And who are these children and adolescents populating today’s schools? They are the “millennials,” children born between 1982 and 1998 — during the presidencies of Ronald Reagan, George Bush and Bill Clinton — who are between the ages of 8 and 24 today, and who would be expected to graduate from high school between the years of 2002 and 2018. Millennials were born into and grew up in a technological age and accept multitechnologies and multiliteracies with unstudied ease. By the time the eldest of the millennials reached middle school, digitally enhanced movie and TV commercial action, the World Wide Web, self-serve-pay-at-the-pump gas stations and ATMs were common aspects of everyday life.

What, then, is the impact of the new literacies and the new technologies on teachers? Let’s look at just one new literacy — instant messaging, or IM. The title of this article is in part IM: ruok2dA? (Are you okay today?). This language is also used for regular text messaging and in chat rooms. IM language combines letter and numerical representations of sounds in a phonetic representation of words and phrases. It strips written language of everything unnecessary — punctuation, traditional use of capitals, etc. See the IM chat between swolf and paw that appears on page 3 for a fictitious chat using some IM words and phrases.

Anyone with a computer or cell phone linked to the Internet can do it. Kids sign up to an IM network through AOL, Yahoo, Microsoft and others. Instant messages are sent real-time, so response is immediate. Most of the time, kids do IM in groups and often while they’re checking e-mail. The IM text shows up on the screen with each user’s screen name, and often in a different color. Usually a cell phone icon denotes those who are using a mobile device indicating that they might be slightly slower writing their messages. Users set up buddy or friend lists that allow them to see who is logged on and ready to chat.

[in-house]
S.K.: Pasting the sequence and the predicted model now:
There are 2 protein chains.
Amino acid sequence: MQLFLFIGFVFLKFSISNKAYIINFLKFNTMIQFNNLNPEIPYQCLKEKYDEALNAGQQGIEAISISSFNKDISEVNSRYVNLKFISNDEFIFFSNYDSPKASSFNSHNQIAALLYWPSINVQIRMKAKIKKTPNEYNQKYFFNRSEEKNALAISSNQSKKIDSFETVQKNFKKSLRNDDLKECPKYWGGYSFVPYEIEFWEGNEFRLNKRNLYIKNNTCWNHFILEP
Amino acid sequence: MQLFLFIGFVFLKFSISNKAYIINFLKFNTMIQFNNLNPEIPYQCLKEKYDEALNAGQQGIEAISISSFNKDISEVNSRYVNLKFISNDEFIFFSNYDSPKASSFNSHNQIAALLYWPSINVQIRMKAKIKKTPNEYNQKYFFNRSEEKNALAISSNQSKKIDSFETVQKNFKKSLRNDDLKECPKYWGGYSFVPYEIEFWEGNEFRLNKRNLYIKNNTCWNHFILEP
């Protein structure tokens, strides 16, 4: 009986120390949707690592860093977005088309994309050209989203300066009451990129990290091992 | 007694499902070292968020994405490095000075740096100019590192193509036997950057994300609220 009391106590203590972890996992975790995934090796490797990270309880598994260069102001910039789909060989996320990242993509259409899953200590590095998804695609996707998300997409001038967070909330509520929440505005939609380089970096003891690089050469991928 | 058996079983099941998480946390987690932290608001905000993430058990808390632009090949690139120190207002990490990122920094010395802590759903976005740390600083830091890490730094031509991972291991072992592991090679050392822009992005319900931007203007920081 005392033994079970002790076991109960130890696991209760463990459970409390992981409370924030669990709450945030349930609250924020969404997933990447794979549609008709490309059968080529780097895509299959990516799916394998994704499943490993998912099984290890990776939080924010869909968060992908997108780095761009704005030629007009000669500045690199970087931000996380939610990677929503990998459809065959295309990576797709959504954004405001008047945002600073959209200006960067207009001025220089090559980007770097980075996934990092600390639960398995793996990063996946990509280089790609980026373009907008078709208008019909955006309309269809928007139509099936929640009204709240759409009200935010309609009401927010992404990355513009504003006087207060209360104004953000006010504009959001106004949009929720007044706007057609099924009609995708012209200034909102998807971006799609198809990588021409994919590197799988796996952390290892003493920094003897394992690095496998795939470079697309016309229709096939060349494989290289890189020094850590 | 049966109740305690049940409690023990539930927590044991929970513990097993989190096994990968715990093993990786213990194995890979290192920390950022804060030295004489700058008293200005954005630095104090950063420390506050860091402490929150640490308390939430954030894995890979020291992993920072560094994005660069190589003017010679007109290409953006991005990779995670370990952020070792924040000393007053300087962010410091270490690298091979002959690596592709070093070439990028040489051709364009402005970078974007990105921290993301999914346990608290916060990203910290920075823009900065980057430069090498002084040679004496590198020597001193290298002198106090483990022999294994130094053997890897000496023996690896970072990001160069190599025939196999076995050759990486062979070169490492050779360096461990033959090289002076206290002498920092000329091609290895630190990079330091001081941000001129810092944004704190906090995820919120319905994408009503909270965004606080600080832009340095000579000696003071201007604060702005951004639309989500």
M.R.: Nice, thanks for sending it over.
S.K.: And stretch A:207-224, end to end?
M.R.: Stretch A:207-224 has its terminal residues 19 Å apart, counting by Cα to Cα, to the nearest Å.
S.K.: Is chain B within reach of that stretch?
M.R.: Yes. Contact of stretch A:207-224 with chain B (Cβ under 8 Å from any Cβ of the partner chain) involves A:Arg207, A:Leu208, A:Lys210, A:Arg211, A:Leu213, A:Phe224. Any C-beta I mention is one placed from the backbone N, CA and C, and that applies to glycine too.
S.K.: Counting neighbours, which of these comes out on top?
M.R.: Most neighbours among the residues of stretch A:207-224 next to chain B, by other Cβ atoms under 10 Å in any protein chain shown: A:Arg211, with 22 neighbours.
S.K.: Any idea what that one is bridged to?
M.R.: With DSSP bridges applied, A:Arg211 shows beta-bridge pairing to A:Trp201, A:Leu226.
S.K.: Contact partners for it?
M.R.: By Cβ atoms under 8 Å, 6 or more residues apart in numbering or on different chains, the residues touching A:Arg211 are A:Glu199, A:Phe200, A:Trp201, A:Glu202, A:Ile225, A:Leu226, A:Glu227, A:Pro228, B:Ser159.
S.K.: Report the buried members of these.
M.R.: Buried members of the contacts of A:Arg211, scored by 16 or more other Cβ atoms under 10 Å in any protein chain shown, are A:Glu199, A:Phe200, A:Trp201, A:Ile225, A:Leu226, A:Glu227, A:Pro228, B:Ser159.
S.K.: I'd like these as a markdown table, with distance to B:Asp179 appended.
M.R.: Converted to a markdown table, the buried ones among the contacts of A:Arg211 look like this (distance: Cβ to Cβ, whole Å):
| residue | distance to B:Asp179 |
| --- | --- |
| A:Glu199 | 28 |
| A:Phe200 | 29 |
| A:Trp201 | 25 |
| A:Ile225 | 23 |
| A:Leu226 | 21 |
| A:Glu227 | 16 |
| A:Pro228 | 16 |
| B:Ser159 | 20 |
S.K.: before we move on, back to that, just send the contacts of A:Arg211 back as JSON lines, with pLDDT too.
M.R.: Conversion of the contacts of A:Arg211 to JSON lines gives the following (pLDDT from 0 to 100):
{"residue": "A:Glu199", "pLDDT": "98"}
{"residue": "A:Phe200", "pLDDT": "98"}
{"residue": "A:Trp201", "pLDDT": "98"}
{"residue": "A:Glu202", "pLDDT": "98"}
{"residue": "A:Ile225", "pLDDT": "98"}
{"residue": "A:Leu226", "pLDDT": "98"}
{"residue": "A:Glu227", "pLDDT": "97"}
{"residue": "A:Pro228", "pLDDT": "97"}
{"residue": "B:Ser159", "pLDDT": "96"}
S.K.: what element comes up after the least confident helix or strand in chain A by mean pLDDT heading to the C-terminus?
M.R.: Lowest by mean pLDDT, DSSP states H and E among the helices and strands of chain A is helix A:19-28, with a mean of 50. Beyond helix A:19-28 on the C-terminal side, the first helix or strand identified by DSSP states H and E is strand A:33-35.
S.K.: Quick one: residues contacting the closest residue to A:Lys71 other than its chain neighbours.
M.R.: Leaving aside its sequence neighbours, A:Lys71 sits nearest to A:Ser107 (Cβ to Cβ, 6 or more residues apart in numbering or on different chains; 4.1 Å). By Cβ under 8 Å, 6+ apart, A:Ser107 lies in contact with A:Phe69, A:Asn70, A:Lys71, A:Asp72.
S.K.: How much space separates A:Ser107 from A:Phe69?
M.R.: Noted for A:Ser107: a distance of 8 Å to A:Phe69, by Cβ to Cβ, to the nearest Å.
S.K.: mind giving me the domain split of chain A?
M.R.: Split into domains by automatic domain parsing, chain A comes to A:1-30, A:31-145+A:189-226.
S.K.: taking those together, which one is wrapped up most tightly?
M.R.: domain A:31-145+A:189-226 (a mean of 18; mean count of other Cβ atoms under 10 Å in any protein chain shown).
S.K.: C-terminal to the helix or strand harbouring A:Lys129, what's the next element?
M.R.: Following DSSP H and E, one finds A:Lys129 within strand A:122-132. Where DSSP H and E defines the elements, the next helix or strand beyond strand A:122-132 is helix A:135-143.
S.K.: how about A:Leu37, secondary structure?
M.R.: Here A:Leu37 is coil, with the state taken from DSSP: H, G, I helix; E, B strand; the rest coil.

Some linguists believe that the language of IM is revolutionary and marks a permanent change to English. Others note that not only the language but the traditions of instant messaging are changing the culture. David Silver, University of Washington professor of communications, says that kids are altering the language to suit the technology and notes that the strategic use of the phrase POS — parent over shoulder — is nothing short of brilliant. “Say a teen is supposed to be doing homework, but of course is instant messaging. A parent comes up and the kid quickly types ‘POS’ and sends it out. Suddenly everyone is talking about math homework.”

Many teachers worry that the alternative language of IM will seep into the classroom and formal writing assignments; however, kids say that IM language is a “kid-to-kid” thing, thus indicating their understanding of code switching.

So, today, our children and grandchildren and our students contend with a technological world that is dizzyingly complex. And if we, their teachers, are going to prepare them for and support their efforts in the midst of this complexity, if we are going to help them traverse old and new technologies and multiple literacies, we must heed Paulo Friere’s maxim: “Teach students to read the word and read the world."

This Sonoma Perspective is excerpted from Ruddell’s keynote address at the 2004 convention of the Wisconsin State Reading Association. Newly retired, she is spending more time with personal pursuits, and learning all of the associated technology. Insights welcomes ideas and submissions for future installments of "Perspective."